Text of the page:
Update on Project Natal
In my October 21, 2010 blog post on situated learning spaces, I mentioned Project Natal’s virtual boy named Milo (there’s also a virtual girl named Kate), and posted a 2009 demo launch of Milo. Peter Molyneux, head of Microsoft’s European games division, has since appeared on TEDGlobal to talk about Project Natal (July 2010), where he showed the real Milo technology on TED’s stage:
We see the demonstrator interacting with Milo using body gestures, facial gestures, and voice – all of which needs to be “taught” to Milo.
Milo’s Mind as Metaphor of Knowledge Building
What really interests me about Milo is what Molyneux says in his TED presentation about Milo’s mind: “Milo’s mind is in a cloud”. In other words, the more people who use Milo, the more objects he’ll learn and recognize. Fascinating! To me, this implies that Milo’s artificial intelligence is distributed, and Milo’s mind is the synthesis of training combinations contributed by a community of Milo users. Milo’s mind is a wonderful metaphor for collaborative knowledge construction, where Milo’s mind represents a knowledge community’s World 3 Rise Above knowledge artifact, and the community of Milo users is the knowledge community.
Situating Milo’s Distributed Mind
In my October 21, 2010 blog post, I had hypothesized that “the more the situated learning context approximates a realistic context of the domain of study, the deeper and more meaningful the learning will be”, implying that Milo could contribute to deeper situatedness in wider contexts.
Since then, I have re-read Carl Bereiter’s 1997 book chapter, Situated Cognition and How to Overcome It. He mentions what he and Scardamalia (1989) have termed intentional learning, which has 3 goal levels:
- Task completion goals – to be completed immediately (e.g., assignment due date tomorrow); World 1; highly situated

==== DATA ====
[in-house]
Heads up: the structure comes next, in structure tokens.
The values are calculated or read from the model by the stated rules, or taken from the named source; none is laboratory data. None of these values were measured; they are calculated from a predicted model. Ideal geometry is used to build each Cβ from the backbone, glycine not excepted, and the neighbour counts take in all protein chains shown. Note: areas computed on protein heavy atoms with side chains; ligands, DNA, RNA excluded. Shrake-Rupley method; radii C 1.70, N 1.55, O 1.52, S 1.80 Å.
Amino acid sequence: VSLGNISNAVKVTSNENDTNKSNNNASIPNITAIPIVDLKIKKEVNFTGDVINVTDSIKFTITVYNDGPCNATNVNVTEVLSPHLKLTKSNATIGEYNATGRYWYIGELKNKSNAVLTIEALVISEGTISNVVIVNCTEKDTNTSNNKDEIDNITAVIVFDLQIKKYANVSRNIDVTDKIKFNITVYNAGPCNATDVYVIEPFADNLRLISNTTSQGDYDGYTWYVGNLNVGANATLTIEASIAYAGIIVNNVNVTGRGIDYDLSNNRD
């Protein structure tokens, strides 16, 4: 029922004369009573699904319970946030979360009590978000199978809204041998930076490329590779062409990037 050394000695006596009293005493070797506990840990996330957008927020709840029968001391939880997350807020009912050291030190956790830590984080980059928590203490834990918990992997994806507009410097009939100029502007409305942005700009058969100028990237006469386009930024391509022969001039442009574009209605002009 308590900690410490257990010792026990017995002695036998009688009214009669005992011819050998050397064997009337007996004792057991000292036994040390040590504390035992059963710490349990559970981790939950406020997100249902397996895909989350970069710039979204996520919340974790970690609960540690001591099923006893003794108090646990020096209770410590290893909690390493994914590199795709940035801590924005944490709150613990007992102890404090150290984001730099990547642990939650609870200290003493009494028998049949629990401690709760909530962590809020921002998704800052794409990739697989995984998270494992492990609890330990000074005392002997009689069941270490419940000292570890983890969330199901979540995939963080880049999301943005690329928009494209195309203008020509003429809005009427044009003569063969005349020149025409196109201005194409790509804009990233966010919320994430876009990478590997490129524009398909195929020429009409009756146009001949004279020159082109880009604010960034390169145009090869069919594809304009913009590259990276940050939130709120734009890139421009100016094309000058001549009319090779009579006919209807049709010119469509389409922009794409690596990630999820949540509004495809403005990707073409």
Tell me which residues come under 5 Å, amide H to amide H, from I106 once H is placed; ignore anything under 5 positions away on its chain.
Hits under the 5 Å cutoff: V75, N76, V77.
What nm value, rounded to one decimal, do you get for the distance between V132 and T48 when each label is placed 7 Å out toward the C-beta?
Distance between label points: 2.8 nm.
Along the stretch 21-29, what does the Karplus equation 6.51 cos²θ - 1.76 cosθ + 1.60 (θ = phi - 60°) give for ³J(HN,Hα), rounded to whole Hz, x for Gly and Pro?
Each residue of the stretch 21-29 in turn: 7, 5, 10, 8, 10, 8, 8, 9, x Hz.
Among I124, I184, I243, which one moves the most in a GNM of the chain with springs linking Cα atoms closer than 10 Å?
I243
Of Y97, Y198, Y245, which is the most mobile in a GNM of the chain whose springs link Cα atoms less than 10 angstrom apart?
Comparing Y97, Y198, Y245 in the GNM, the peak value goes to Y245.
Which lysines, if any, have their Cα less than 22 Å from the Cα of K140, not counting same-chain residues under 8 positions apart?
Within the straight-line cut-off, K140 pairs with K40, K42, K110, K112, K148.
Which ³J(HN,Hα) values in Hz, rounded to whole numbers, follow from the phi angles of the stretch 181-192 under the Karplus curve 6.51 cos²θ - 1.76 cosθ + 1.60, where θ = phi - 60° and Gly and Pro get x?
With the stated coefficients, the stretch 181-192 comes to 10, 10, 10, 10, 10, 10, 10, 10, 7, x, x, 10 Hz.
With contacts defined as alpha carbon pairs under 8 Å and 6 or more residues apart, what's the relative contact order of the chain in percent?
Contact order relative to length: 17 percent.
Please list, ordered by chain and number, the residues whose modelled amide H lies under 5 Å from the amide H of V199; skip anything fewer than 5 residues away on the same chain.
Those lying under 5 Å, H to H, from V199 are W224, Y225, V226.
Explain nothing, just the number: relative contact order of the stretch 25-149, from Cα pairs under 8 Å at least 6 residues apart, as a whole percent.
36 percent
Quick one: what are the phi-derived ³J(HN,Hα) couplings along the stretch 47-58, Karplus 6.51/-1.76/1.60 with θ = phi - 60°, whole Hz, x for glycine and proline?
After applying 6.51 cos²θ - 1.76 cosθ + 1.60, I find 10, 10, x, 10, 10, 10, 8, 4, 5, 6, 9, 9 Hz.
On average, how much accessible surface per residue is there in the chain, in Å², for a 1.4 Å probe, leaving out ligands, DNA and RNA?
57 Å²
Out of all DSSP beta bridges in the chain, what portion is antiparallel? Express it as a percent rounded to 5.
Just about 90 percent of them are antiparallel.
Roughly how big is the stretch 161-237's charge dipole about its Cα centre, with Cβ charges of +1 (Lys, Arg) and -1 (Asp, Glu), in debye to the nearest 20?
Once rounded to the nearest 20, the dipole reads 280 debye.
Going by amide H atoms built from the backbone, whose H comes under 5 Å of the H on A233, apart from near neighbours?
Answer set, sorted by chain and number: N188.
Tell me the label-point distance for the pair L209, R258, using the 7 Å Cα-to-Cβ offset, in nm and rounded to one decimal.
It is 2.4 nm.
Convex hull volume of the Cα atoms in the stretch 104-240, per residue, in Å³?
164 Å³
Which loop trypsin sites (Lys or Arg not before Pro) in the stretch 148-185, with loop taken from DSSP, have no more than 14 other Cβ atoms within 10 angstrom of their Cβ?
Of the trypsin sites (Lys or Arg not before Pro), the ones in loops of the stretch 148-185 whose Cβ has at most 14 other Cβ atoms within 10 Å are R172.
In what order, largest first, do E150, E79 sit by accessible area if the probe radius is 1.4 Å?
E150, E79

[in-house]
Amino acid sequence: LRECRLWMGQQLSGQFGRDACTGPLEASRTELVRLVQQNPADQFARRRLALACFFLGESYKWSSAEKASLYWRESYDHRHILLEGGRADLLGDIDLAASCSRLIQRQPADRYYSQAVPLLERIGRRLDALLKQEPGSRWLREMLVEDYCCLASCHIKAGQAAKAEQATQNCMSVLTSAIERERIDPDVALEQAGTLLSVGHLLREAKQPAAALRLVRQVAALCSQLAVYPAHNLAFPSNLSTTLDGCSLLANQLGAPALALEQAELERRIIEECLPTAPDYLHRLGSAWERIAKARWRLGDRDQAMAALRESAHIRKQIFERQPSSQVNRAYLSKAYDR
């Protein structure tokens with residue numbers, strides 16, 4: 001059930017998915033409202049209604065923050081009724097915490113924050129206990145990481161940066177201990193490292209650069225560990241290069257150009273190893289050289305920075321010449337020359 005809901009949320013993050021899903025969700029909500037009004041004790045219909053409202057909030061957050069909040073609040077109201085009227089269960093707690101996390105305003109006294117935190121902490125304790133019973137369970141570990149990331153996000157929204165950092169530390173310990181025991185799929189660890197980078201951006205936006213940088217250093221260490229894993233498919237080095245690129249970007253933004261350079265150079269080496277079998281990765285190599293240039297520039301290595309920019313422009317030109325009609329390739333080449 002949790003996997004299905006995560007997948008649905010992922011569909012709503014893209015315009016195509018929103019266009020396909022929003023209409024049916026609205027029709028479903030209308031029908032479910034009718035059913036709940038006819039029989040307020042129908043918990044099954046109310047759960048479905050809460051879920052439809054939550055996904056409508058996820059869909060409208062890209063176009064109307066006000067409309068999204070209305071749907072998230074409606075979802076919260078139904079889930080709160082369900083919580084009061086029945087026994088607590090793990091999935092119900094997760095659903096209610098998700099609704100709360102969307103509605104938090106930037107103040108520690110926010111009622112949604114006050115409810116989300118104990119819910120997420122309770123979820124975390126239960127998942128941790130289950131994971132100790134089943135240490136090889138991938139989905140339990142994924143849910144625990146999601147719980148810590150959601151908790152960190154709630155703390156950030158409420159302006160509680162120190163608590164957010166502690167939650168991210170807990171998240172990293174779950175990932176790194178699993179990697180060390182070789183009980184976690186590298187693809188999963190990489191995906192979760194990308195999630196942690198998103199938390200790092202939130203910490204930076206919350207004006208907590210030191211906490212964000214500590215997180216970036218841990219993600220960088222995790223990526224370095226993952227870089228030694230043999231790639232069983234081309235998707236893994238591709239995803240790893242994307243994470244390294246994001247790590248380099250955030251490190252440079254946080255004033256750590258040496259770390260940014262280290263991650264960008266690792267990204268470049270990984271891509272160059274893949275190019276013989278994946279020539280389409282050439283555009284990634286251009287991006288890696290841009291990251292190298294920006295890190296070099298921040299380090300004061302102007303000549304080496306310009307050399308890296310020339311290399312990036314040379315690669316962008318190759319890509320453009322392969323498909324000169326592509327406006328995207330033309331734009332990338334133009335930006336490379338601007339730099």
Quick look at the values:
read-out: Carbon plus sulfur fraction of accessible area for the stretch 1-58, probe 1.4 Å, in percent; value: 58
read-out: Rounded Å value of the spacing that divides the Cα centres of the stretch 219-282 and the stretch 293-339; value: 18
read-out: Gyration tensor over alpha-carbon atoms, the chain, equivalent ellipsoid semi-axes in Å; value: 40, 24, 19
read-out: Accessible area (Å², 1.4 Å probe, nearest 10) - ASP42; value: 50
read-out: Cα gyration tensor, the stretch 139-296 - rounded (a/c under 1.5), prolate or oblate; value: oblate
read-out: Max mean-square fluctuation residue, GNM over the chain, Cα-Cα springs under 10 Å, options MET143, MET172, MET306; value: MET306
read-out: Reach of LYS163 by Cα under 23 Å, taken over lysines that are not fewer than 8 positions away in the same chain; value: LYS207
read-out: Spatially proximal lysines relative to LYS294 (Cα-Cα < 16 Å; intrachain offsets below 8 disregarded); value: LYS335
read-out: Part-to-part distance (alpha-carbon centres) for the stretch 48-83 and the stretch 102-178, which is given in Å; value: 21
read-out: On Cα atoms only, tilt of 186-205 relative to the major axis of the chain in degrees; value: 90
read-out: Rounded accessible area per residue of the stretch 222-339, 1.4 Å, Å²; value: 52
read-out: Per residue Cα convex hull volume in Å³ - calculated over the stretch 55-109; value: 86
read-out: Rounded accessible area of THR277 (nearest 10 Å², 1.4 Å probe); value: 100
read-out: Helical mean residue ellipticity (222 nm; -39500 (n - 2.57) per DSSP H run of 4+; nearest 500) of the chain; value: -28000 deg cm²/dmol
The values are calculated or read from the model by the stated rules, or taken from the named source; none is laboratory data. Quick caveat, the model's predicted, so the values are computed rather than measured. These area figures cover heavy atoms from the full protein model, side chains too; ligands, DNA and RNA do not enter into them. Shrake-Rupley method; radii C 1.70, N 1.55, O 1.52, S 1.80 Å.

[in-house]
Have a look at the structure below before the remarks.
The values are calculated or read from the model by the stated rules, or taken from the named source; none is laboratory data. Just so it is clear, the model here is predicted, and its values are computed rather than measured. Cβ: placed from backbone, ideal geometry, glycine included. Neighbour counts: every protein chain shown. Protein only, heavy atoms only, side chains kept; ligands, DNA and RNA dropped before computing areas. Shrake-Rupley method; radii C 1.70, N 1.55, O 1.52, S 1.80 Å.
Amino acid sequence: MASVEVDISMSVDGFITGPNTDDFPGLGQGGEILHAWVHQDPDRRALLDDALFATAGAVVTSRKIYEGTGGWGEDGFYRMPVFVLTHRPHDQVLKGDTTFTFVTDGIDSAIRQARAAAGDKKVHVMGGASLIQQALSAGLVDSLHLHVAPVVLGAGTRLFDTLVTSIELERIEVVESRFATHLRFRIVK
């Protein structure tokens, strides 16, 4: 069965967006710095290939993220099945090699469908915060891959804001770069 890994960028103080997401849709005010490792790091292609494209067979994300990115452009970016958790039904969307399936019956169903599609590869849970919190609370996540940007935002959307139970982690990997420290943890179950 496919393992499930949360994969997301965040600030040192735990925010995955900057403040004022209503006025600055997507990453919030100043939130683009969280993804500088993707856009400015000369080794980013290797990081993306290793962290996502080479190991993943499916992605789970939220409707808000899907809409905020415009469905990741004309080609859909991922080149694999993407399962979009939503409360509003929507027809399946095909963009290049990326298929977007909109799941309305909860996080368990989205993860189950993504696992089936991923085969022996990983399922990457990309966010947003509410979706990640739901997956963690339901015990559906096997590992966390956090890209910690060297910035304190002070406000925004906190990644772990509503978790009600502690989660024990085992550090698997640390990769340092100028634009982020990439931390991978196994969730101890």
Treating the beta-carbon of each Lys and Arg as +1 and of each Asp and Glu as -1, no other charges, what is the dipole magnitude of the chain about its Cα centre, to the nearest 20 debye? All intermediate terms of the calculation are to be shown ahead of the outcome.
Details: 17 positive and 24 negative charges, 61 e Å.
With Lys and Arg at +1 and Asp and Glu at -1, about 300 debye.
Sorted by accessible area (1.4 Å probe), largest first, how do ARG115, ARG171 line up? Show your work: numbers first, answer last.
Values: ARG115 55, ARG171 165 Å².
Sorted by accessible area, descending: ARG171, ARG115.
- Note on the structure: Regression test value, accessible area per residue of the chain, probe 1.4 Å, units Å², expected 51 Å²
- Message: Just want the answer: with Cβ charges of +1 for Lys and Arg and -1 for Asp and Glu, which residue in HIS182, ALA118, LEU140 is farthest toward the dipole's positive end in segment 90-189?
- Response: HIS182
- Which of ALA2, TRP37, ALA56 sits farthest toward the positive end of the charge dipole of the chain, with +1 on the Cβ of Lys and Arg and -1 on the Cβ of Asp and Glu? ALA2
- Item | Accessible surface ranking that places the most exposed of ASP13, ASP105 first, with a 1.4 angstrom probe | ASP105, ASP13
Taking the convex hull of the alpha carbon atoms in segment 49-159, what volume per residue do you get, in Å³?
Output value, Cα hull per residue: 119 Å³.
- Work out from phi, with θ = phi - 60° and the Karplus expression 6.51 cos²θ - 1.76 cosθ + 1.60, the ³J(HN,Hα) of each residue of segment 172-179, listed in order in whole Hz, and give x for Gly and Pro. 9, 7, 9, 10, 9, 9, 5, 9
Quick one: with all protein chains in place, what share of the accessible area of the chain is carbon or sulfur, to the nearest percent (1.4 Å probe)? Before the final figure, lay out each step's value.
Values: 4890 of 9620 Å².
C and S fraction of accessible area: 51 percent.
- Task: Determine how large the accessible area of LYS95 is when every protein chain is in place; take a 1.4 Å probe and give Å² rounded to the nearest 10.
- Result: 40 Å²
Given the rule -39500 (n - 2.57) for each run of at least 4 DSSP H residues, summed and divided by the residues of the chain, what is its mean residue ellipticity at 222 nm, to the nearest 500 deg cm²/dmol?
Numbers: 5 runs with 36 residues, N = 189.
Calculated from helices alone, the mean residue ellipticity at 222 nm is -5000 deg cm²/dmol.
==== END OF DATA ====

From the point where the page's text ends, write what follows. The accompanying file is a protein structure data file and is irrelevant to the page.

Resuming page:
- Instructional goals – to be completed summatively in the near future (e.g., end of the course); world 2; less situated; somewhat transferrable
- Knowledge building goals – may extend indefinitely into the far future and past; World 3; weakly situated (i.e. immediate situation); highly transferrable
Tapscott is careful to note that “…this is not a collective intelligence or collective consciousness of course, because individual birds are not intelligent or conscious…”. He describes the thousands of starlings moving as one mass, as a “…loosely conjoined network of relationships and impulses” – much like a globally-distributed Milo user community?
Tapscott asks: “Will we come to consider networking as the neural roots that connect human beings in a way that creates something fundamentally new?” I do not hesitate to say “YES – but…..!” Much like Milo’s “mind” (i.e. artificial intelligence) cloud, that grows as his distributed user community “teaches” him more, Milo’s knowledge base will only ever mimic World 3, and appear to be generalizable. What allows Milo’s mind to mimic generalizable knowledge is the numerous situations in which he has learned the same thing. If millions of users around the world “teach” Milo to recognize the object known as “chair”, presumably, they’re all using different kinds of chairs available in their homes. These chairs could vary greatly in age, design, style, size, etc. Hence, Milo acquires the ability to recognize any chairs that match any one of the millions of chairs his distributed user community has inputed into his memory stores – giving the appearance that Milo has generalized recognition of the object called “chair”. Milo’s seeming intelligence is indeed artificial.
Back to Tapscott’s question. I think that networking neural roots connecting people would create something fundamentally new, but not necessarily better. Like Milo’s mind cloud, this new thing would only mimic World 3 due to the exorbitant number of task-completion-oriented contributions to its knowledge base from its massive and globally-distributed user community. Highly transferrable World 3 knowledge can only be created with an orientation toward knowledge building goals, and must consider the far past and continue into the far future (Bereiter, 1997).
Bereiter, C. (1997). Situated cognition and how to overcome it. In D. Kirshner & J. A. Whitson (Eds.), Situated cognition: Social, semiotic, and psychological perspectives (pp. 281-300). Hillsdale, NJ: Erlbaum. Available: http://www.ikit.org/fulltext/1997situated.pdf